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Attentat 1942 and a New Era of Games in Germany

The historical adventure title is the first to feature Nazi symbolism in Germany after a ban was lifted last month

Published on September 24, 2018

On August 8, Germany’s video game classification board, the USK, announced that they would be lifting their blanket ban on Nazi imagery in video games. This follows a decision by the Attorney General in May to not pursue prosecution in a case concerning a browser game that depicted Swastikas along with a further statement that video games should be given the same legal protections as other types of art. By coincidence, the team behind the historical adventure game, Attentat 1942, was just about to finish their German translation of their game. Initially released in late 2017, they submitted Attentat — chock full of Nazi imagery from the archival photos and film that they use — not fully understanding the complexities of Germany’s censorship laws themselves. A month later, it became the first PC game with Nazi imagery to be released in Germany post-ban.

Attentat 1942’s developers at Charles University and the Czech Academy of Sciences weren’t purposefully trying to snag the first spot in line after the news was announced, but after playing the game, I think there’s something gorgeously fitting about the fact that this small, thoughtful title will lead to a new era in the country.

Developed initially as only one of three games about contemporary Czechoslovak history, Attentat’s story places you in the Czech Republic in 2001. As your grandfather lays ill in a hospital bed, you embark on a mission to learn more about his life under Nazi occupation, his arrest by Gestapo agents, and time spent in a concentration camp. Starting with your grandmother, the majority of the gameplay takes place within interviews with live action actors playing the roles of different relations of your grandfather from wartime. Requiring a glimmer of the strategy you might need in a game like L.A. Noire, you’re often forced to show a bit of restraint or subtlety during the interviews.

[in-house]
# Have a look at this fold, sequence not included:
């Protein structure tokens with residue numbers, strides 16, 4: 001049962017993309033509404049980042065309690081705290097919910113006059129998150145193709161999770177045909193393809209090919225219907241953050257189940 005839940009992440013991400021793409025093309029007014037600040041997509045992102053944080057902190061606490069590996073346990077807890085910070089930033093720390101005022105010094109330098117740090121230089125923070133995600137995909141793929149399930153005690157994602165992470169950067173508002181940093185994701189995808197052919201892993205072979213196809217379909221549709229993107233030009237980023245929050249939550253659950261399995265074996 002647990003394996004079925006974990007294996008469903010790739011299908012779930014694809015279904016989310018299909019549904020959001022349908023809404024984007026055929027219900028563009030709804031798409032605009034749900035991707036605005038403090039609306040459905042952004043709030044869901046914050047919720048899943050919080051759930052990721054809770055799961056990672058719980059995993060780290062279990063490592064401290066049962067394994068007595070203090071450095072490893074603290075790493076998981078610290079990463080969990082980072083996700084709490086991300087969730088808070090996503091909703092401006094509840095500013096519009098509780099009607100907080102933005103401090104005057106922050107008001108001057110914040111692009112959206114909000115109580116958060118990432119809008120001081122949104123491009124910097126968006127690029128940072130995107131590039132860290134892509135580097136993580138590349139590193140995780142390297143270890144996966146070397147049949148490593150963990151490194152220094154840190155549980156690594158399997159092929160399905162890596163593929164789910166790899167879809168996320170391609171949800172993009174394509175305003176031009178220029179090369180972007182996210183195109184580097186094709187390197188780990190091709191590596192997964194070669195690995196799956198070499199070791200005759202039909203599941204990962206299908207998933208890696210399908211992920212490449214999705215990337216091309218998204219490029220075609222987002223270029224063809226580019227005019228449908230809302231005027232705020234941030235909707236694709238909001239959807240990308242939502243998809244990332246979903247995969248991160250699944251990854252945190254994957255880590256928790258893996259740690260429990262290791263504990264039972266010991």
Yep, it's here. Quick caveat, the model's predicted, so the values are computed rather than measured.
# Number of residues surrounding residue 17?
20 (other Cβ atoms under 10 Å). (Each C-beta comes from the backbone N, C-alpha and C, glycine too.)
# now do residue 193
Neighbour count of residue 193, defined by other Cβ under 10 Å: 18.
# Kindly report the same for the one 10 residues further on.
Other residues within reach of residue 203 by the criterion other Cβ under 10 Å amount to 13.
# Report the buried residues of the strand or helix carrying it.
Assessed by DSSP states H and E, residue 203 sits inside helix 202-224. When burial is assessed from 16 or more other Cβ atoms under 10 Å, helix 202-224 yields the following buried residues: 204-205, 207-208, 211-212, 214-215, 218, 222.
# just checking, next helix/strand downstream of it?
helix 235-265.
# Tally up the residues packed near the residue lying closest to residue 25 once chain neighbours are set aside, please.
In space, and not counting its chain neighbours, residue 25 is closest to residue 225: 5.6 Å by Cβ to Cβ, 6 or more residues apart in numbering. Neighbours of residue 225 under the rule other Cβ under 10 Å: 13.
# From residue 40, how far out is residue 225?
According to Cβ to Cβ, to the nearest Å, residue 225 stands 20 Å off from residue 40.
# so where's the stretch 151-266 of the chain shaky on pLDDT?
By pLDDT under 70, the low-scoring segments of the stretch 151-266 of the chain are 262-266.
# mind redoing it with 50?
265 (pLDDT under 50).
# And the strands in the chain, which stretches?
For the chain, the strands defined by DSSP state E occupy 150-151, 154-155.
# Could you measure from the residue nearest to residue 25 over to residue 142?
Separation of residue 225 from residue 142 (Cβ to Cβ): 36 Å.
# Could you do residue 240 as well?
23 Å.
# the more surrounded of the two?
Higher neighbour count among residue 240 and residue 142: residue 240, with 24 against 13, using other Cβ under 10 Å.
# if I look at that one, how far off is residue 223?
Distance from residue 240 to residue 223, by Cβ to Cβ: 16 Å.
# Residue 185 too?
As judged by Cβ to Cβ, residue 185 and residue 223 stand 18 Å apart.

One interview puts you in a room with a former neighbor of your grandfather named Josef Málek who wrote for a newspaper during the war. From your grandmother, you know that he wrote articles sympathetic to the Third Reich and may have been the one who sold out your grandfather to the Nazis. After some hesitation at his door, he invites you into his apartment. Speaking to you in his living room, his tone switches between impassioned explanation and awkward apologia, telling you about the systemic way that propaganda articles were written at the time and the way that his writing was protecting the Czech people from further harm.

Throughout the conversation, you have the option to ask Málek, “did you collaborate with the Gestapo?” The question casts a shadow over the conversation and if you pick it, he will clam up and grow hostile. Your role is that of an after-the-fact historian — using interpersonal skills to extract the answers that may provide a coherent truth — just as much as it is a member of a family, urgently trying to connect the dots and learn the stories of your elders before they’re gone.

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When the team started working on the project in 2011, Lead Designer Vít Šisler said it felt like they were making a game about history. “Now, it seems more and more relevant every day.”

On September 12, 2018, German Chancellor Angela Merkel gave a speech to parliament decrying anti-immigrant and xenophobic sentiments that are coming to a ground-swell in the country, taking their tangible forms in an attack against a Jewish restaurant last week and a right-wing march against immigrants on Monday that built in numbers to about 450 people. Protesters carried around signs with faces of individuals allegedly killed by immigrants, a propaganda strategy used against Jews in the years leading up to the Shoah and that should sound familiar to those living in the U.S. in the modern day.